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Colonial Prisoners of War: The Aftermath of the Revolution

US History
US History
July 1, 2023
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The Revolutionary War marked a significant turning point in the history of the United States, as it led to the birth of a new nation. While there are countless stories of courage and cowardice, successes and sacrifices, we often forget that not all soldier’s battles ended on the field of combat. With that idea in mind, we owe those who first fought for American freedom by exploring the plight of POWs after the Revolutionary War, from the conditions they suffered to the securing of their release. 

Conditions and Treatment

Remember that for all of our modern concepts of warfare, including the Geneva Convention and current attitudes towards the treatment of prisoners, very little of those principles applied in the late 18th century. Combine that fact with the British being invaders on foreign soil, and the lack of development and resources for war on the new continent, and it provides a bleak picture. Captives held by both sides faced unsanitary conditions, cramped and often improvised containment, malnutrition, diseases that were only exacerbated by the close proximity and squalor. 

As for treatment, accounts vary considerably. More honorable commanders held that civil treatment of prisoners was the only appropriate course, as well as the only way to expect that their comrades held in captivity would receive the same. Unfortunately that was the exception, not the rule. More frequently beatings, withholding of food, and torture were commonplace and brutal. Of the estimated 20,000 POWs held, approximately 8,500 died in captivity. 

Prisoner Exchanges

Despite the challenges of being in active conflict with 1770’s technology and attitudes, efforts were continually made to exchange prisoners between combatants. Negotiations between the American and British forces resulted in the Cartel of 1776, a system established for the exchange of prisoners. This agreement was signed in Nova Scotia by both sides, and loosely resembled what we now consider the standard articles of the Geneva Convention as it pertains to the release of both combatants and non combatant personnel. However, the exchange process was slow and complex, and between the bureaucracy and the disposition of their captors, not all prisoners were fortunate enough to be released through this method.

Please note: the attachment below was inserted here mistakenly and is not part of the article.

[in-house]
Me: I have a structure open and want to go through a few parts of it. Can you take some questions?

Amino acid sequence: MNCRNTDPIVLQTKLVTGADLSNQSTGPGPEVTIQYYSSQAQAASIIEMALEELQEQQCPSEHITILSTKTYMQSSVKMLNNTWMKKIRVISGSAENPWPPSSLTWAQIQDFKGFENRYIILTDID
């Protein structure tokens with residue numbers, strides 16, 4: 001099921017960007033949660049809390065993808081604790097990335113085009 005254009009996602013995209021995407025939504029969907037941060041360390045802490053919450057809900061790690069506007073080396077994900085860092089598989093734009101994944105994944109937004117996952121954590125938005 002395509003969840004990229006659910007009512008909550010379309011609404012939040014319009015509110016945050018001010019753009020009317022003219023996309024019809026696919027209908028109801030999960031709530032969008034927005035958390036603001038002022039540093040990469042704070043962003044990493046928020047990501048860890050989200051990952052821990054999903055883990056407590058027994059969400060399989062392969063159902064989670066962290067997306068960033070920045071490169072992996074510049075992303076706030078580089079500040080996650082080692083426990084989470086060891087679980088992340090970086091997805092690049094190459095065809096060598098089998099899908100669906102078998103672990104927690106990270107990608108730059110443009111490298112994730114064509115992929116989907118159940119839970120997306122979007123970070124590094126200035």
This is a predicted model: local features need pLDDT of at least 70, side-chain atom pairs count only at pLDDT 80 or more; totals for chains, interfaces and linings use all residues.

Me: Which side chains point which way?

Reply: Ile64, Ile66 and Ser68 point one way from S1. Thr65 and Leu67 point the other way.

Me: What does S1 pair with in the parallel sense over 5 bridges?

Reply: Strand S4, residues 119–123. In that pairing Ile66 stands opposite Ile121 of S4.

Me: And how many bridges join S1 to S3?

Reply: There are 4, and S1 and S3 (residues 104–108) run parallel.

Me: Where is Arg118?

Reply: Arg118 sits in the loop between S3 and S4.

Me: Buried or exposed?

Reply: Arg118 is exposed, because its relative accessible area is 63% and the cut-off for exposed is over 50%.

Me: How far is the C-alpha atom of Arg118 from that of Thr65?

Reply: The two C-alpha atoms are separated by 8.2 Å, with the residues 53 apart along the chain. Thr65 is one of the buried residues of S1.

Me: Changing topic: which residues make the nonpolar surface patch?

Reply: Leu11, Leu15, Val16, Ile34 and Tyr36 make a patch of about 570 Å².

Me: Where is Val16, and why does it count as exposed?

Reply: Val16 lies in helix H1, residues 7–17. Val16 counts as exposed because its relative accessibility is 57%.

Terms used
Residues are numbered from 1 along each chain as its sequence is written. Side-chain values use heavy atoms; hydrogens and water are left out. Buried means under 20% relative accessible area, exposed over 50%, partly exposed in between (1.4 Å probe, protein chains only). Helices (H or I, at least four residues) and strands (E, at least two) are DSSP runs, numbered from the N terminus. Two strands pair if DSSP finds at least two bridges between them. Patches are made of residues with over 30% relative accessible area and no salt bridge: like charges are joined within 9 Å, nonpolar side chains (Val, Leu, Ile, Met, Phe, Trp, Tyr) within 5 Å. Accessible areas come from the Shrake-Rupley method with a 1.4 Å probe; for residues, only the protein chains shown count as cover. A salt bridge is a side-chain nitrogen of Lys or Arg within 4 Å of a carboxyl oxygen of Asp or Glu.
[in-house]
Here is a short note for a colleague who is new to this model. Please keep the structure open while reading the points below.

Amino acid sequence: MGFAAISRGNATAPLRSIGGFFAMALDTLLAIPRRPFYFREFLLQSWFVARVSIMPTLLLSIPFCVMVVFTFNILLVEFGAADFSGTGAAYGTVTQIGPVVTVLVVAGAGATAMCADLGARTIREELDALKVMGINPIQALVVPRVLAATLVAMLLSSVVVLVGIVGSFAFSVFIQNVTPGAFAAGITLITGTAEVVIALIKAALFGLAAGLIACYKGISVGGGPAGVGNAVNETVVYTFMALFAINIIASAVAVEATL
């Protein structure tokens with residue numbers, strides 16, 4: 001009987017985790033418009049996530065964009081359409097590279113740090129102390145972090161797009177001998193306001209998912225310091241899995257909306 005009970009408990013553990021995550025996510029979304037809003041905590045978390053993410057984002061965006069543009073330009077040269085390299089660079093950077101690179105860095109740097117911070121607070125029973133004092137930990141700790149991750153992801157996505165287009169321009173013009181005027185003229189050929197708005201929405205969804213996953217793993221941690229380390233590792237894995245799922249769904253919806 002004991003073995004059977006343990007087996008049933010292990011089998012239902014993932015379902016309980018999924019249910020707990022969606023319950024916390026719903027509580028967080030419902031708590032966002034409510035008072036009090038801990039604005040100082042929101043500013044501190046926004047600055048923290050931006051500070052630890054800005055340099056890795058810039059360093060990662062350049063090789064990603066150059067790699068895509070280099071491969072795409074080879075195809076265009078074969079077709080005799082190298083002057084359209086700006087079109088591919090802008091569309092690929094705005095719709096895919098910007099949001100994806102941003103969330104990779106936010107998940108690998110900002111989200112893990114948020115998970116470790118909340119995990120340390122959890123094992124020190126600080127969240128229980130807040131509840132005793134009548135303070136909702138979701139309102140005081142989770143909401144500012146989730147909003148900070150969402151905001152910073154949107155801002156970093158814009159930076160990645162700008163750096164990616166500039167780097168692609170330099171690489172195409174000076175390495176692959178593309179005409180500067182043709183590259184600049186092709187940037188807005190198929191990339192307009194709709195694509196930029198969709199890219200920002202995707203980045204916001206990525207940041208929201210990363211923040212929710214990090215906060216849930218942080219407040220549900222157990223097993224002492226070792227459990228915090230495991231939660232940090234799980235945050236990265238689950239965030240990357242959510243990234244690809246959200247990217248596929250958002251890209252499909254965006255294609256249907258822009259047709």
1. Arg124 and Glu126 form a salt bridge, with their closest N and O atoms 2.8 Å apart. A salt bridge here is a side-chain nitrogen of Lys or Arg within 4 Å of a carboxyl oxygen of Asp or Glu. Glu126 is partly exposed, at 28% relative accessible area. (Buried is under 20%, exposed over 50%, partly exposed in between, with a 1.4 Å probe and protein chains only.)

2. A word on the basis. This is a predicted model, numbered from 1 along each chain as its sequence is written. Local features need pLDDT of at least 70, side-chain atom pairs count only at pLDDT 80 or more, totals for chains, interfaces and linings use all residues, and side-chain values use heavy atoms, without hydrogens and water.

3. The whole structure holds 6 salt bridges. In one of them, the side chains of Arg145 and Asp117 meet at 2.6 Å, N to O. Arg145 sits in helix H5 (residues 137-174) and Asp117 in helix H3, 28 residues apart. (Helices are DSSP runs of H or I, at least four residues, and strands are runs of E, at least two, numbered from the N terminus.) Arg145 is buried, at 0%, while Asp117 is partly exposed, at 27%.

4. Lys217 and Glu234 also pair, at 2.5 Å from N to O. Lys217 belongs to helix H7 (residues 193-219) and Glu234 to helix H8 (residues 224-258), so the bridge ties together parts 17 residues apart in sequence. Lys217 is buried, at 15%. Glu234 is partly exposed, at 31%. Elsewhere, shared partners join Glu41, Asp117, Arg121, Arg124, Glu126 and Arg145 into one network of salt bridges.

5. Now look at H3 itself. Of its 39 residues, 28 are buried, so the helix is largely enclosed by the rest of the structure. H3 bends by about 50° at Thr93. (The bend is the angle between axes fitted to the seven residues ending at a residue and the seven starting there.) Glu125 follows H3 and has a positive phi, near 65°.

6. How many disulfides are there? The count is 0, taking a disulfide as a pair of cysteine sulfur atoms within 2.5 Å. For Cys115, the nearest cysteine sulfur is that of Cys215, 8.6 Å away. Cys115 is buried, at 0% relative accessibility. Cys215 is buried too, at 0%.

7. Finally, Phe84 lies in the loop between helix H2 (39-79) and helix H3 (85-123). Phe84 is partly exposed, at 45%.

Loyalist Prisoners

In addition to soldiers captured during the war, there were also the loyalists. Regardless of combatant status, many of the loyalists found themselves imprisoned after the war due to the hostility and persecution from their former compatriots. Serving the Crown while their neighbors fought for freedom, there was a dim view held of even those who managed to remain free. In addition to imprisonment, their property was confiscated by the new government, and their rights all but entirely stripped away. The plight of loyalist prisoners was a complex issue to be sure, and tested the American commitment to justice. Some, but not all, eventually were released. 

Prisoner Rehabilitation

Just as it is today, the process of returning released POWs to their communities was a challenge. Even transporting them home over the distances between there and where they were held often stymied the government’s efforts. Prisoners returned home to find their communities changed, their families altered, and their prospects diminished. In some locations their homes were completely destroyed, and their families missing or dead. Attempts were made at that time to aid these veterans, but the new government struggled with acquiring and distributing resources, maintaining veteran records, and handling the medical treatment of the physical and psychological scars they carried. Consider that until the 20th century, pouring sugar into wounds was considered proper combat casualty care.

Legacy and Remembrance

The plight of POWs after the Revolutionary War serves as a reminder of the sacrifices made by countless individuals in the pursuit of freedom and independence. It reminds us that all of those who served and sacrificed for the independence of a new nation are the bones upon which the shining city on the hill was built, and those sacrifices deserve to be remembered, for their own sake and so that we never become complacent to the price of freedom. 

The Revolutionary War brought about immense changes and challenges, not only for the soldiers who fought on the battlefield but also for those prisoners of war who endured captivity during and after. For all the reasons above, and many more we who have not experienced that horror could never know, the lessons of history must be remembered. 

By recognizing and attempting to understand their experiences, we also gain a deeper appreciation for the sacrifices made and the resilience displayed by those who fought for our liberty and independence.

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